The thumbnail generator 130 creates thumbnail images 150 representative of the recorded TV programs and stores the thumbnail images 150 in the cache 122. The thumbnail images, or just “thumbnails”, are derived from the actual video content of the TV programs and are used by the UI application 132 and/or the EPG application 134 to visually represent the recorded TV programs in the UI screens. By storing the thumbnails 150 in the cache 122, the thumbnails 150 are available for immediate retrieval to populate the appropriate UI screens. The thumbnails 150 may alternatively, or additionally, be stored in other memory, such as the recording media 120.

In FIG. 1, the UI screen 142 shows six thumbnail images 152 created from recorded TV programs stored in the recording media 120. The thumbnails show representative video frames from related TV programs so that the viewer will visually associate a stored program with the depicted thumbnail. The viewer can then navigate the screen 142 using an input device, such as remote control handset 154, to browse among the thumbnails as a way to ascertain what TV programs are recorded on the recording media 120. With the handset 154, the viewer can select a thumbnail to cause the client device 102 (and namely, the DVR and playback application 136) to playback the recorded TV program associated with the thumbnail.

According to one implementation, the thumbnail generator 130 is configured to create two thumbnails as the TV program is being recorded. A temporary thumbnail is derived when the TV program first begins recording. In one implementation, the temporary thumbnail is derived from a video frame extracted from a beginning portion of the TV program. For instance, the thumbnail generator 130 selects the first non-black video frame in the TV program from which to derive the temporary thumbnail. In this manner, the thumbnail image is generated within seconds and is available for immediate display in a UI screen as soon as the TV program begins recording.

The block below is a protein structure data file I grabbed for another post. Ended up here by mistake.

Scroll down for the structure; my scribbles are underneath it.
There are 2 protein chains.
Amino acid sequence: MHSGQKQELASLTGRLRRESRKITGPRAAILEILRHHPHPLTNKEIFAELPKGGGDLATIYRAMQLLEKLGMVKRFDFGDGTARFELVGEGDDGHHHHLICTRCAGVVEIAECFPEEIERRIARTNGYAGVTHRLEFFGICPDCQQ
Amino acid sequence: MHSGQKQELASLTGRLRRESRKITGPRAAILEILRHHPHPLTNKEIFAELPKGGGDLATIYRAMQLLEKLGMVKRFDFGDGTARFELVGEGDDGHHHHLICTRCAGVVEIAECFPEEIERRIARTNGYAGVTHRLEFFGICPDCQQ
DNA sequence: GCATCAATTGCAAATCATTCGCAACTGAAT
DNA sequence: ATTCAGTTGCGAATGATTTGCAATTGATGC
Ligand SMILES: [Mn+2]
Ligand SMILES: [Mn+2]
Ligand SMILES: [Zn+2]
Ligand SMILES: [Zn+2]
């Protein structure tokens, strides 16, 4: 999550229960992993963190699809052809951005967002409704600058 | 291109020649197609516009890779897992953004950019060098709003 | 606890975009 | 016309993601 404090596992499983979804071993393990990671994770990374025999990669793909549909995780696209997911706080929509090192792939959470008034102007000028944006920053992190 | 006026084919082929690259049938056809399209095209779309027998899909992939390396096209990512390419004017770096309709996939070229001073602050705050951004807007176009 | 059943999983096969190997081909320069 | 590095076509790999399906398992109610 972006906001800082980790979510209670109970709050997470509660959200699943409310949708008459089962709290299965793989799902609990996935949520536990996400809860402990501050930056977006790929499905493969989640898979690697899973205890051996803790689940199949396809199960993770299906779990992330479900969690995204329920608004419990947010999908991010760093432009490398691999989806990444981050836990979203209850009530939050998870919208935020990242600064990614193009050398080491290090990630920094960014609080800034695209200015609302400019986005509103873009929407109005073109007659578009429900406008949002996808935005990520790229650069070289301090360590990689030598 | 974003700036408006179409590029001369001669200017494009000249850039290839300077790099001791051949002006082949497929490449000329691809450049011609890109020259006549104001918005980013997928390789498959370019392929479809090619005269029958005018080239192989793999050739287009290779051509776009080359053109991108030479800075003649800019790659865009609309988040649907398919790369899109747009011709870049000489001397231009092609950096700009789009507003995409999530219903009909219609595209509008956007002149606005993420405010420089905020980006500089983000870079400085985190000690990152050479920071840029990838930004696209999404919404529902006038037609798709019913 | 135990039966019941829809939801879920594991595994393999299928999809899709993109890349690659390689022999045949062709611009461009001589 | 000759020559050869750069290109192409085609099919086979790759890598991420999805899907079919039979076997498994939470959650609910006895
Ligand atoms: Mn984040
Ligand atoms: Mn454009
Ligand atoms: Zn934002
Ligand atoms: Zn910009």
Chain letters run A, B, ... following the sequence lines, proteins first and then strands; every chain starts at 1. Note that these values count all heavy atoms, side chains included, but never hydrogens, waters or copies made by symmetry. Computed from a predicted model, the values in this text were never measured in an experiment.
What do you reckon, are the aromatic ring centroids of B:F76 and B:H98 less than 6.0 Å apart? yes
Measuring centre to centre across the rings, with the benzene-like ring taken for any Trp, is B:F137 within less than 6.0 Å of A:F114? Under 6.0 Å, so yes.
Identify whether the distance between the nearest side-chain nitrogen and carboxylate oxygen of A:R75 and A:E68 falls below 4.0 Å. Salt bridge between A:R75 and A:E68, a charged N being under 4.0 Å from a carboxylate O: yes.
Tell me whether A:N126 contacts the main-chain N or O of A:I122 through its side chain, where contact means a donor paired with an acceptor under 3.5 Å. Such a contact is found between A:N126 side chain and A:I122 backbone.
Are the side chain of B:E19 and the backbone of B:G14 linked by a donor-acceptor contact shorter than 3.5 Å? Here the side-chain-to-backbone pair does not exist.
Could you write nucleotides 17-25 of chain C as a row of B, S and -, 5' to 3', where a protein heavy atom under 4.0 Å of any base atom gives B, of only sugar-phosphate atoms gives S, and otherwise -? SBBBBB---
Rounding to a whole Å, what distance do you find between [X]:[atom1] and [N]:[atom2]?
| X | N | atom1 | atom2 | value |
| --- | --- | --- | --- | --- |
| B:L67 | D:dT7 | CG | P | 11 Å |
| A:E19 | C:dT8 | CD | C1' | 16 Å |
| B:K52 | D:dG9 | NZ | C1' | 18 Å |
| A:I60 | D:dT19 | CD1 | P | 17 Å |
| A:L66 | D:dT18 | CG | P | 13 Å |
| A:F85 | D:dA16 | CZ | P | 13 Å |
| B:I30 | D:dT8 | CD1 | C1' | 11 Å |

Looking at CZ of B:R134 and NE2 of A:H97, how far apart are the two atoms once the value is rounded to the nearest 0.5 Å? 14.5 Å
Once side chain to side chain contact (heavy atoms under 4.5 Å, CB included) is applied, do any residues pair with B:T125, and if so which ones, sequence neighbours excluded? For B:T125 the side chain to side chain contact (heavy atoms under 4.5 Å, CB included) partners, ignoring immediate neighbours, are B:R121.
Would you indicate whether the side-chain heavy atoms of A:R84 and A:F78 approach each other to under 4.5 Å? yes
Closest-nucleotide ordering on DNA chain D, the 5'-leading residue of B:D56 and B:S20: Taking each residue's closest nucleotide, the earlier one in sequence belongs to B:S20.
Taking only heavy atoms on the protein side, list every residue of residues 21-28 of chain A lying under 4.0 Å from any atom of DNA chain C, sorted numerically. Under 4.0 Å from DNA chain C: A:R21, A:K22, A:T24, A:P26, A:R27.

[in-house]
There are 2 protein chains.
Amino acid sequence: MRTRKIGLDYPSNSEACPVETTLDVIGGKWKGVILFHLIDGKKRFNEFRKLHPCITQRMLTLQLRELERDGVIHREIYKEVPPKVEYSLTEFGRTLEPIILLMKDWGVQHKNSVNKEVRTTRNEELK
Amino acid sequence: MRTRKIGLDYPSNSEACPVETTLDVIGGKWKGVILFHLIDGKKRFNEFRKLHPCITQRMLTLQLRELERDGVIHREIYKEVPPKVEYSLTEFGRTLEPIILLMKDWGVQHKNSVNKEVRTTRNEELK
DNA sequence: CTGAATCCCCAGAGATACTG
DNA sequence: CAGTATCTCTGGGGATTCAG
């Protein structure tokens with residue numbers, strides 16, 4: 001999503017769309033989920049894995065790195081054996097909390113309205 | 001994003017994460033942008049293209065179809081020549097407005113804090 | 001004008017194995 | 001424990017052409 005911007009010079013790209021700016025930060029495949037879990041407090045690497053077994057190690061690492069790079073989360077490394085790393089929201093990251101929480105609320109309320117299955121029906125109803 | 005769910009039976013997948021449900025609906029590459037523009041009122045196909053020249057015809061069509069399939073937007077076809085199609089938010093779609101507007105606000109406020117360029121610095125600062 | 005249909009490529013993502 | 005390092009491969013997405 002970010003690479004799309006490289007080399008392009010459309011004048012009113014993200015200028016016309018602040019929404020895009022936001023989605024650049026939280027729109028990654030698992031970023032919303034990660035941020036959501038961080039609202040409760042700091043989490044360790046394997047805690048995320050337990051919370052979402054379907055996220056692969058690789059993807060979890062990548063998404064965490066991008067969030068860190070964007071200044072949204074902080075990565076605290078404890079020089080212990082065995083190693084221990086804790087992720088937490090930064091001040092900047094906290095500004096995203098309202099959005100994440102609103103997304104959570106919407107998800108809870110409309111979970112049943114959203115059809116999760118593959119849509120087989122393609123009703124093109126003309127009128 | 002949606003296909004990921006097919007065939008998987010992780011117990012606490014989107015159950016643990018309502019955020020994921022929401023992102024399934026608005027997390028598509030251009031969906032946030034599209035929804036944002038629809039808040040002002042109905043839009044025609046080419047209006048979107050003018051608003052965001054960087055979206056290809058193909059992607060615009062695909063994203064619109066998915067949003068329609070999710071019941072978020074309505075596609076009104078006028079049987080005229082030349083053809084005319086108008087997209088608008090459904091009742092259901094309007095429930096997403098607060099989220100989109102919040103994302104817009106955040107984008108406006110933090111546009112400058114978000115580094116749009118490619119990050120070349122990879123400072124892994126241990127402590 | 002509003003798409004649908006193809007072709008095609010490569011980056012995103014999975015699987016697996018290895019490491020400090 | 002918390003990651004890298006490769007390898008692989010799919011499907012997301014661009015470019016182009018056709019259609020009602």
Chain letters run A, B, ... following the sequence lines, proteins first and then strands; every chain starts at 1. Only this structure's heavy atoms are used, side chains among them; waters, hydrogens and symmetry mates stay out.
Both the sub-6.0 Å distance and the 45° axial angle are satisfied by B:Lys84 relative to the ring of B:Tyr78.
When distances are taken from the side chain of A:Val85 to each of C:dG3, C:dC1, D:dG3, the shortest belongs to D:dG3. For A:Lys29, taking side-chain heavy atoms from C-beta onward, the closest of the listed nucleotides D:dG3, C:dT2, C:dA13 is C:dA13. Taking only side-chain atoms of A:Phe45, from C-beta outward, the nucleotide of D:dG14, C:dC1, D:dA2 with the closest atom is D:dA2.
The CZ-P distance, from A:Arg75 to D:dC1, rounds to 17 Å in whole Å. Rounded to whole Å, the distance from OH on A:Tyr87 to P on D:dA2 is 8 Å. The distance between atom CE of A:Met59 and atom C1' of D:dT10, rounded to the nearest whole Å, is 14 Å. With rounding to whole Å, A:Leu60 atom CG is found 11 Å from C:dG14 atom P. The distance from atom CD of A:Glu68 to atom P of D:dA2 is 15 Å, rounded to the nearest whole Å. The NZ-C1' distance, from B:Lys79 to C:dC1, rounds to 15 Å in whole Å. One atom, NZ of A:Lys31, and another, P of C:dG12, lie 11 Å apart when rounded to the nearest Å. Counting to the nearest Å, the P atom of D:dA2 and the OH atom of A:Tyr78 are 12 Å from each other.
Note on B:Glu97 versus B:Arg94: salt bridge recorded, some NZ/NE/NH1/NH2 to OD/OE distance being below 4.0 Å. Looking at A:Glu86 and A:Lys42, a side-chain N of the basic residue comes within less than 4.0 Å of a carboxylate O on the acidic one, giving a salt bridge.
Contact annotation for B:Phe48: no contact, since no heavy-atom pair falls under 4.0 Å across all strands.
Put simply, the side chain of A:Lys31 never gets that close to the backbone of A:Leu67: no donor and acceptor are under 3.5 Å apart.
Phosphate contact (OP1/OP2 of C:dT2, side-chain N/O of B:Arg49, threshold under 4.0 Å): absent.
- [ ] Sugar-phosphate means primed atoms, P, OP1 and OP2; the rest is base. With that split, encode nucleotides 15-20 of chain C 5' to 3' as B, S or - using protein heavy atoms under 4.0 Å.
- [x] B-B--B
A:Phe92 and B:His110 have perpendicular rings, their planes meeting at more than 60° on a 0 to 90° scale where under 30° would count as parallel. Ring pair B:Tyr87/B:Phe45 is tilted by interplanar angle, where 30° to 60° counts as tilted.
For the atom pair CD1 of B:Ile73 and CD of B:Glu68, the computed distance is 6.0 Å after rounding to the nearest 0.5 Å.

A permanent thumbnail is subsequently generated when more of the TV program has been recorded. The permanent thumbnail is generated using video detection techniques which rely on analysis of a larger portion of the TV program. Such analysis might include, for example, avoidance of a black frame, avoidance of any frames associated with a commercial, avoidance of padding, scene analysis, examination of program metadata, and so forth. One example of a suitable technique for isolating and deriving thumbnail candidates from a recorded video program is disclosed in U.S. Pat. No. 7,986,372, entitled “Systems and Methods for Smart Media Content Thumbnail Extraction”, which was filed Aug. 2, 2004, and is assigned to Microsoft Corporation. The video detection techniques may be performed on the program after a predetermined amount is recorded (e.g., 15 minutes, 30 minutes, etc.) or after the entire program is recorded.

The thumbnail created from the TV program can be static or dynamic. A static thumbnail contains a still image generated from the video content. A dynamic thumbnail consists of multiple images generated from the TV program, which are then played in a continuous loop so that the thumbnail appears animated.

The temporary and permanent thumbnails 150 are stored in the cache 122 in association with corresponding TV programs so that when the UI application 132 and/or the EPG application 134 display information about a particular TV program, the corresponding thumbnail is retrieved from the cache 122 and presented in a UI screen. One way to associate the thumbnails with the TV programs is via a data structure stored in memory, such as program or data memory.